Francisca invited us into home immediately after meeting us for the first time. It was tiny shack that was overcrowded with stuff she salvaged from the trash from the streets. She had a worn out sofa that was covered with a blanket and it was best not to look what was beneath it. Personally, I was overwhelmed by her hospitality and openness to receive us into her home. I knew that I was given the privilege to be part of this person’s private life. She called out all her children and she introduced her three daughters to us. The oldest was 16 years old and the youngest was about 11. They were all studying in the public school. These girls looked happy and their faces was open and friendly. Francisca was originally from the Northeast of Brazil which is the poorest part of Brazil. She came to São Paulo with her young children and learned to survive in this harsh reality. I got in touch with Francisca when I discovered this small favela community of 30 families hidden under a highway bridge. It was about 1/2 mile away from the red light district. Francisca was considered a spokesperson of the favela and I sought her out to find out if we could start some programs for the children there. While we were sitting in this tiny shack and I noticed that there were two huge TV sets. I finally broke down and asked her why she had two TV sets. She told me that one TV had only the audio and no image whereas the other one had the image but no audio. Together they had a complete TV. These are the kind of people that lived in the slums. Hospitable and resourceful and always open to receive people into their humble homes even though they did not have much to offer. This particular slum had its share of problems. There were some drug dealers and every now and then there were gun fights. Most of the people were like Francisca. They would get up early in the morning to look for useful and recyclable trash. They return late in the evening with their so-called treasures and exchange them for cash at the recycle center for enough cash to buy dinner and maybe a packet of cigarettes. In the evening they would do everything possible to be good parents. The children would do their part as well. The little ones as young as ten would shine shoes and the older girls would prepare food at home with whatever they could scrounge. I used to make pastoral visits in the evening and pray with them. I was amazed how much I learned from them. We had many special memories with the people in the slums. My favorite was watching the World Cup Soccer game at Francisca’s house with the two TV sets. The most special moment was when we had to leave Brazil abruptly for a few years. These people got some money together and bought me a Brazilian soccer jersey so that I would remember our time together. I could never forget them.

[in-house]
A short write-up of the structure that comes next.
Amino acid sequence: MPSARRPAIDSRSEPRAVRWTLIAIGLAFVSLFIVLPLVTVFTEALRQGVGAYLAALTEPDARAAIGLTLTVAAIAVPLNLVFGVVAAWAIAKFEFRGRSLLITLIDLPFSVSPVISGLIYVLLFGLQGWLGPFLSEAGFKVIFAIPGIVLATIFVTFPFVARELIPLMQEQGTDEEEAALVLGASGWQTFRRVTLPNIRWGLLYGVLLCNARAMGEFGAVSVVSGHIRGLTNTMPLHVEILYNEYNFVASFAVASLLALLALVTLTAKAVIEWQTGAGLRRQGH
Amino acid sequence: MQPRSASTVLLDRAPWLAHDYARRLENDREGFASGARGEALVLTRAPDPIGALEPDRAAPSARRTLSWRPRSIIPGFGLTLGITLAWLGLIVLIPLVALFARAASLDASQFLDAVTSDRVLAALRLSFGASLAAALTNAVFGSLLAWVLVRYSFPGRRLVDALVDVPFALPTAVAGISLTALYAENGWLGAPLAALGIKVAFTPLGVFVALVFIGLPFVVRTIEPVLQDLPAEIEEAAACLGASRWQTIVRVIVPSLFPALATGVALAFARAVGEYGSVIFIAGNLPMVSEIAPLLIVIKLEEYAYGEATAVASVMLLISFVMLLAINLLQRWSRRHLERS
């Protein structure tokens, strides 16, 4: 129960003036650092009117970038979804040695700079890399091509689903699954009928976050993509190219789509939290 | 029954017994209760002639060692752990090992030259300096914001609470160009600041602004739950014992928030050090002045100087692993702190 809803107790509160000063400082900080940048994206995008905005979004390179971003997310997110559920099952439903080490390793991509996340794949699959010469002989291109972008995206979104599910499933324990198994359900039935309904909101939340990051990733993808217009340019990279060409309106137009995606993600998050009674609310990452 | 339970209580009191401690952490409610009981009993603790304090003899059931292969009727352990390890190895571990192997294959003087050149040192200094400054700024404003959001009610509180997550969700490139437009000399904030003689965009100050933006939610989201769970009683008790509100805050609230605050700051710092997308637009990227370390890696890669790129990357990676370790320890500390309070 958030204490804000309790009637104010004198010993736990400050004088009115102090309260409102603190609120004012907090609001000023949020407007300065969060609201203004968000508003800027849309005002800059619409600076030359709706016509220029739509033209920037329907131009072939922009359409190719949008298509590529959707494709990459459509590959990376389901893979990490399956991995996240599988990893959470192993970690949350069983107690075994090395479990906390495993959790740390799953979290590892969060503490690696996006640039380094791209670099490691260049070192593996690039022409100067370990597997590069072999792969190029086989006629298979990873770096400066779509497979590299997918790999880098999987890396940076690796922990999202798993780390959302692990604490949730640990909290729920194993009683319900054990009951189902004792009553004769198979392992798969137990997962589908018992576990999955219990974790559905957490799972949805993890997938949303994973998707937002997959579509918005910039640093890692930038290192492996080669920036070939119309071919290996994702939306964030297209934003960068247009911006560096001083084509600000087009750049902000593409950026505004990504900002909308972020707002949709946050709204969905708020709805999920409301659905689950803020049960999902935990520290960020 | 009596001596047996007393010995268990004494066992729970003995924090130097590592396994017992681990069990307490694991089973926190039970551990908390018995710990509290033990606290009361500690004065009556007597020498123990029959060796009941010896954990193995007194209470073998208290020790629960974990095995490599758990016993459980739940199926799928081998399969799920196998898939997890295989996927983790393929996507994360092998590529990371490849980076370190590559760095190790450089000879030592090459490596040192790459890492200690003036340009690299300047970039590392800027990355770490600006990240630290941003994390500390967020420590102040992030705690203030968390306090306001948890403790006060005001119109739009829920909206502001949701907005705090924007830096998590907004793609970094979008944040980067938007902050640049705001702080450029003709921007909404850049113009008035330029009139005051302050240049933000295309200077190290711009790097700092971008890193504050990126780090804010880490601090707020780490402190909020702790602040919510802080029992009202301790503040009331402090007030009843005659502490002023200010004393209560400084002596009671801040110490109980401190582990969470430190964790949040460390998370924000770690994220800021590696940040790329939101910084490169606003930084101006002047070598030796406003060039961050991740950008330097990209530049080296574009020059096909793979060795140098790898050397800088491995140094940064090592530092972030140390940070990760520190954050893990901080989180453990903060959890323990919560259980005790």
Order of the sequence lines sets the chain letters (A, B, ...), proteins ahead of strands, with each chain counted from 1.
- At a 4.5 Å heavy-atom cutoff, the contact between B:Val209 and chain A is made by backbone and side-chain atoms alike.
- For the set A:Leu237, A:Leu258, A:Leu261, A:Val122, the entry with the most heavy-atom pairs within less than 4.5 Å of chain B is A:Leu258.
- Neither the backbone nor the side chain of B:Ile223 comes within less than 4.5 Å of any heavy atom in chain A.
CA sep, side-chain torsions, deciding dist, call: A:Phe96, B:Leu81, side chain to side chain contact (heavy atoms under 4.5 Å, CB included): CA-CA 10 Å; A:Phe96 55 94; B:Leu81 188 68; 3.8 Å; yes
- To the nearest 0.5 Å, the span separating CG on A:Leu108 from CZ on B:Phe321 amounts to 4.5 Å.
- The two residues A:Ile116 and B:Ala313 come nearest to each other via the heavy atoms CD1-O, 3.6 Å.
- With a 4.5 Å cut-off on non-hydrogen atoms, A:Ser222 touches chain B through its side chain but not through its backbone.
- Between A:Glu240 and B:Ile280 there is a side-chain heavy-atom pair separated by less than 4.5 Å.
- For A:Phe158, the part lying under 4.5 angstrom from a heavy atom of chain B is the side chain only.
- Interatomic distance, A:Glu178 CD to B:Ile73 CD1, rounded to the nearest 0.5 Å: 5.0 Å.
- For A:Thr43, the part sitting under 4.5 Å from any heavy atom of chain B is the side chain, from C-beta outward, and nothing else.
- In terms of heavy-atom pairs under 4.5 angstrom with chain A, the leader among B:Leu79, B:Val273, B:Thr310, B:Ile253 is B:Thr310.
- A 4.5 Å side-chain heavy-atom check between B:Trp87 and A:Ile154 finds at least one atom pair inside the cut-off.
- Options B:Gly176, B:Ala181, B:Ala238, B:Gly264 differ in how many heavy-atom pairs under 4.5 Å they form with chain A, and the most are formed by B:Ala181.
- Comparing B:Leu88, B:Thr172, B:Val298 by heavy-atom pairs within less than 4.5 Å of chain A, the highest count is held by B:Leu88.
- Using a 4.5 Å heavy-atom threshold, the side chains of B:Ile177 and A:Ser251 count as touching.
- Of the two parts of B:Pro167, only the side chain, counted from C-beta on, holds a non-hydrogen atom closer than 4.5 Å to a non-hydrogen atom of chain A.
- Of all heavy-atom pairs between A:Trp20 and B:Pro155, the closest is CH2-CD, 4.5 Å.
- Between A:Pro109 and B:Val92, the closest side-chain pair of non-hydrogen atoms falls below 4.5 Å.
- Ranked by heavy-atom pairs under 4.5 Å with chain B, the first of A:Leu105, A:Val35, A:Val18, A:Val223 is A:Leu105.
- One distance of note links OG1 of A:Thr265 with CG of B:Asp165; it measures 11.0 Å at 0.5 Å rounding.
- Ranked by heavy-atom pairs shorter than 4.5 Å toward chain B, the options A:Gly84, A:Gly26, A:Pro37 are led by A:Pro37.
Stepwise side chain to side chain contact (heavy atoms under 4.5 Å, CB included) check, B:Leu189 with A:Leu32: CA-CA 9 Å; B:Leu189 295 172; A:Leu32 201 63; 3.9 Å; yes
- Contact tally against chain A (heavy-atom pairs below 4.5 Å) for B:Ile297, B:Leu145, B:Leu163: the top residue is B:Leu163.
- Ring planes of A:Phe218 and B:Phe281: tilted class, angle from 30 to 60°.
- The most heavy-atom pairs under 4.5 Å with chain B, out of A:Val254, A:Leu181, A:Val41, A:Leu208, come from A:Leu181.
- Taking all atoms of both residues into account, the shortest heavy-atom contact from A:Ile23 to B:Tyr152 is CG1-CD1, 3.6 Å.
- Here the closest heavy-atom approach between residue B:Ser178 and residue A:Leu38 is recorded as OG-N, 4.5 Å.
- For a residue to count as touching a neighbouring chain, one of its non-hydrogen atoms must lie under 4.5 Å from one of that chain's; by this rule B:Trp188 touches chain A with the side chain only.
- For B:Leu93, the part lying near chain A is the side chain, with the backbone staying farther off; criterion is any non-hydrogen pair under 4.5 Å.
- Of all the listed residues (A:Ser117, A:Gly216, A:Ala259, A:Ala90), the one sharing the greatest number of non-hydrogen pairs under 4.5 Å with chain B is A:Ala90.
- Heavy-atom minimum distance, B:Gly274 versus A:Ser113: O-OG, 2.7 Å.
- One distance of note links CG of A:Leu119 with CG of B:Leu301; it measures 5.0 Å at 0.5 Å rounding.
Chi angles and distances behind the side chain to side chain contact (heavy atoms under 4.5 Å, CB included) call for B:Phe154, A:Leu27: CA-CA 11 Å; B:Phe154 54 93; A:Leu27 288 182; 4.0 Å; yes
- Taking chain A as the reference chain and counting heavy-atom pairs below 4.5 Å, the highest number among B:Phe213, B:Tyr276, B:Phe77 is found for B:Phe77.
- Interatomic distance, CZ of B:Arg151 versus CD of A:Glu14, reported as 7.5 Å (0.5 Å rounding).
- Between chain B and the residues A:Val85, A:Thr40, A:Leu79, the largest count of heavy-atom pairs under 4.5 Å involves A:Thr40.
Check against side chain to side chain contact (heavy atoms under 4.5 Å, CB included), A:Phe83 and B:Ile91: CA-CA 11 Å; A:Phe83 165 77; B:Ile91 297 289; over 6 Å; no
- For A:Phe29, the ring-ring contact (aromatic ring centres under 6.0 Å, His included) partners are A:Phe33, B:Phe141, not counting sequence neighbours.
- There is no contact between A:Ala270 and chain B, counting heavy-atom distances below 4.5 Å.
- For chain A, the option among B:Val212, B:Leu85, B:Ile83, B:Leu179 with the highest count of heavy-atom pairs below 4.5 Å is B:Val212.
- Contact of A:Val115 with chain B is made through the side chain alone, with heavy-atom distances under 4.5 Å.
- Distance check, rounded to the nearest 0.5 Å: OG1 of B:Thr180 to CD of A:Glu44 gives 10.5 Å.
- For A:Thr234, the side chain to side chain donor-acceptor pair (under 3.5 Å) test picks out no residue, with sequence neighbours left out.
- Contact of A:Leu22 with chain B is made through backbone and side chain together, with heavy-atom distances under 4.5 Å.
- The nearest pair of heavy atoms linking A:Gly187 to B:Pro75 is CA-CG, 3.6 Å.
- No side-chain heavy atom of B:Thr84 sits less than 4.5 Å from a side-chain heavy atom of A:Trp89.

I found this documentary clip below on youtube that does a good job showing the favelas. However, the clip can only go so far. It cannot show the hospitality and openness of these people which prompted me to share about our experience with Francisca. The people who live in the slums are not saints and they are not sinners. They are people struggling to make sense of their lives in the midst of extreme violence and yet, through God’s grace, they do not harbor hatred and anger in their hearts. They consider themselves to be blessed because they can share what they have received.
The second clip is an interesting update report on the effects of the economic growth in the slums of Brazil. It also shows the present challenges but most importantly, it reveals that even in the darkest places God raises up saints to be instruments of hope for the people.